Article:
Rep. Erin Davis carried the bill and characterized it as a good compromise between retailer organizations and proponents of Uncork.  Opponents argued that the bill would harm small liquor stores (KABR included this statement in communications to legislators) and the compromise was not worth it.  Surprisingly, there wasn't any talk about "convenience" or "free markets".  Most of the supporters talked about the merits of the compromise, the impending CMB "crisis" and the potential benefits for liquor stores selling other products.  More than one legislator said that this was a true compromise in the sense that none of the parties were happy with everything in the bill.  Many legislators are pleased that the bill delays implementation for two years and sets an expectation that further liquor expansion will be delayed beyond that time.

    Read the KABR message to House members here.

    There were a few comments about the retailers associations and whether or not small liquor stores were members.  Two legislators cited messages from retailers who criticized the association.  That is hard to hear for the liquor store owners who commit their time and energies to the association meetings and teleconferences while others do not - but it is important to understand that this is significant change, and it is moving quickly because of First Adjournment.  People who are not in the Statehouse all session and seeing the shifting positions firsthand should not be expected to be suddenly pleased with compromise.  The effects of this change will be felt by all liquor stores.  We have encouraged legislators to stand by their local liquor stores - positive or negative - on the vote.  

    Just before lunch, the House voted to send the bill to final action on a vote of 70 - 50,  with five not voting.  A motion to "emergency" the bill to final action failed before lunch, but was successful when they returned to session at 2:00 p.m.  The Final Action vote was 80-45.

    YES:   Alcala, Aurand, Awerkamp, Ballard, Barker, Becker, Bishop, Brim, Burroughs, Campbell, Carpenter, Claeys, Clark, Clayton, Cox, Davis, Deere, Delperdang, Dierks, Deitrich, Dove, Elliott, Eplee, Esau, Finney, Frownfelter, Gallagher, Gartner, Good, Hawkins, Hineman, Holscher, Humphries, Jennings, Johnson, Karleskint, Kelly, Kessinger, Koesten, Lakin, Landwehr, Lusk, Lusker, Markley, Mason, Murnan, Neighbor, Ohaebosim, Osterman, Ousley, Parker, Phelps, Phillips, Pittman, Proehl, Rafie, Resman, Rooker, Ruiz, Ryckman, Sawyer, Schreiber, Schwab, Seiwert, Sloan, Smith, Stogsdill, Sutton, Swanson, Tarwater, Terrell, Trimmer, Ward, Weigel, Whipple, Whitmer, Williams, Wilson, Winn, Wolfe-Moore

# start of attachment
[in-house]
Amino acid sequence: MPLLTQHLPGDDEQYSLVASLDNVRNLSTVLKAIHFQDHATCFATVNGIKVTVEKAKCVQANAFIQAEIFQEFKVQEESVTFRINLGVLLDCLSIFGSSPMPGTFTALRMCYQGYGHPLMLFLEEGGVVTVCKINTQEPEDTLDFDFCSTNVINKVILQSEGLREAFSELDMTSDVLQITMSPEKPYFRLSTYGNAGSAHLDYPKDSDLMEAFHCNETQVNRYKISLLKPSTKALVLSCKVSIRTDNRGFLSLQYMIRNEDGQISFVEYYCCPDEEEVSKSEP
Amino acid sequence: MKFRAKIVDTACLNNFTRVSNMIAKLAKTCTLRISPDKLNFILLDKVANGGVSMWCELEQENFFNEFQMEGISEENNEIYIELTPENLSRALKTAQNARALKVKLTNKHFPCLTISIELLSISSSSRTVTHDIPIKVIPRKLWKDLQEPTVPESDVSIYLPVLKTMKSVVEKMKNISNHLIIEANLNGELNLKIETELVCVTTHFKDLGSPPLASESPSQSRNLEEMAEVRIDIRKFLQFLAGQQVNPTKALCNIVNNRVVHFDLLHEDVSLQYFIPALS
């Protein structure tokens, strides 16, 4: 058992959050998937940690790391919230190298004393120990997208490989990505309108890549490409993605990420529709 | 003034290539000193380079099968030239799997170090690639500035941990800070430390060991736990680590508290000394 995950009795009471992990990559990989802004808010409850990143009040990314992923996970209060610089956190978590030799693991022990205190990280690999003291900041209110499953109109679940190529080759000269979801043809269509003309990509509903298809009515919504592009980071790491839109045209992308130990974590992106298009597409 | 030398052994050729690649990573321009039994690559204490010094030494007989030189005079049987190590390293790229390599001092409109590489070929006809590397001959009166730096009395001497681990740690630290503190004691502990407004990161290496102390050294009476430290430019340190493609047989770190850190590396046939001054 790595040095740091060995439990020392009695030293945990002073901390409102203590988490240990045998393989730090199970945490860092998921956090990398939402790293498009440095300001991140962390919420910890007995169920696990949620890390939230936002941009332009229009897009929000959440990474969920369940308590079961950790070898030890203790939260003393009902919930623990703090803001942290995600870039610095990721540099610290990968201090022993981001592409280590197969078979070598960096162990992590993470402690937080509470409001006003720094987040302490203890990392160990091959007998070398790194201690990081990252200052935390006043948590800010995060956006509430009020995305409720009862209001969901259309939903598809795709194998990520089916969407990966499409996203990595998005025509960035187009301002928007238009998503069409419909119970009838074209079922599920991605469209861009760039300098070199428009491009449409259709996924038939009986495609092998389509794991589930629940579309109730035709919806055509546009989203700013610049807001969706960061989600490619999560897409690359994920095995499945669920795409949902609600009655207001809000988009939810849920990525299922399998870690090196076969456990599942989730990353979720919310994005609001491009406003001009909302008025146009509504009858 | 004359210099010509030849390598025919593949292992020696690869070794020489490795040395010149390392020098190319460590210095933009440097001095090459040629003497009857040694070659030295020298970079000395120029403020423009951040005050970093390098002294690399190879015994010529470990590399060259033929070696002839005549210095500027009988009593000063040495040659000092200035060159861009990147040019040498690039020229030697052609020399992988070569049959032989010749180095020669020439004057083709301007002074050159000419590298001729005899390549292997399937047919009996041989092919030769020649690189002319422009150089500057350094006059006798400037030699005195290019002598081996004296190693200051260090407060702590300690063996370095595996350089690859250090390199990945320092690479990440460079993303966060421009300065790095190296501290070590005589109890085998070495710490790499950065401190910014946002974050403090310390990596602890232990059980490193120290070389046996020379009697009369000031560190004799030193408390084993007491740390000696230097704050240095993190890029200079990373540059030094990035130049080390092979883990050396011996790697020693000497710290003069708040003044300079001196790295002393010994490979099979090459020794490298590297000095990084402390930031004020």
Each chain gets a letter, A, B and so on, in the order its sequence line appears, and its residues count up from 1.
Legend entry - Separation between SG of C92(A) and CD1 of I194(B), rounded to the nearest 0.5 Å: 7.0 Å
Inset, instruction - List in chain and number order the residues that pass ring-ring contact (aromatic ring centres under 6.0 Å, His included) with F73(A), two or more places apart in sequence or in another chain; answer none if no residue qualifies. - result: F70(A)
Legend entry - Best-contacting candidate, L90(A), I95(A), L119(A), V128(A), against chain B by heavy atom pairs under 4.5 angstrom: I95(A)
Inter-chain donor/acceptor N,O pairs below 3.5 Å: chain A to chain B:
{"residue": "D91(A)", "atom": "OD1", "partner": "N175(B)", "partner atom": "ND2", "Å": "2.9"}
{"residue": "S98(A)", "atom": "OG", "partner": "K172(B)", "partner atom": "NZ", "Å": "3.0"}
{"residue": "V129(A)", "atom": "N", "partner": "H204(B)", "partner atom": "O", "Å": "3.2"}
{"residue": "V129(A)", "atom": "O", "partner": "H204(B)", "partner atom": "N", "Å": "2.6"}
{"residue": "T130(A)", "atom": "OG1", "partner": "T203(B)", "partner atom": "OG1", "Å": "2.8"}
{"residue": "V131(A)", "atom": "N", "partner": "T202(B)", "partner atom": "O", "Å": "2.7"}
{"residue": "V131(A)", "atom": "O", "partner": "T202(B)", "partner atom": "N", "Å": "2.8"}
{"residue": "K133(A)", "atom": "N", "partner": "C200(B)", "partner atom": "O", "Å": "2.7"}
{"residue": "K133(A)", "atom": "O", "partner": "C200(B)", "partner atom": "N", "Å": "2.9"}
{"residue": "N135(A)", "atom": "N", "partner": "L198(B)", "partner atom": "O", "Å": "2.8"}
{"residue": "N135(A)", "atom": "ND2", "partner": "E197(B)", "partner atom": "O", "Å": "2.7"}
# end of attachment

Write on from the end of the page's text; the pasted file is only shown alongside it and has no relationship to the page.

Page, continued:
NO: Alford, Arnberger, Baker, Blex, Carlin, Carmichael, Concannon, Corbet, Crum, Curtis, DeGraaf, Ellis, Finch, Francis, Garber, Helgerson, Henderson, Hibbard, Highberger, Highland, Hodge, Hoffman, Houser, Huebert, Jacobs, Jones, Judd-Jenkins, Kuether, Lewis, Mastroni, Miller, Orr, Patton, Powell, Rahjes, Ralph, Schroeder, Smith, Thimesch, Thompson, Vickrey, Victors, Waymaster, Weber, Wheeler


    Brian Davis, President  316-990-1425  Email President

    Amy Campbell  785-969-1617   Email Lobbyist


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  • 06 Apr 2017 7:34 AM | Anonymous

    The House of Representatives is scheduled to debate House Sub for SB 13 today - that is the bill passed by the Commerce Committee on Tuesday.   The House convenes at 10:00 a.m.  You can listen at www.kslegislature.org House audio.

    KABR supports the compromise bill but has warned legislators that the compromise is harmful to many small businesses when CMB retailers begin selling beer up to 6% alcohol by volume April 1 2019 as prescribed in the legislation.  The compromise sets out multiple new rules regarding price nondiscrimination, changes the products that licensees are able to sell and is designed to establish a predictable regulatory marketplace for the near future.  

    It is a controversial issue for retailers.  The negotiated bill puts an end to the concerns about 3.2 products and the decreasing availability of these products without making corporate cmb retailers into liquor licensees.  Most agree that the options will not get better in the near future.  But there is an impact on retailers.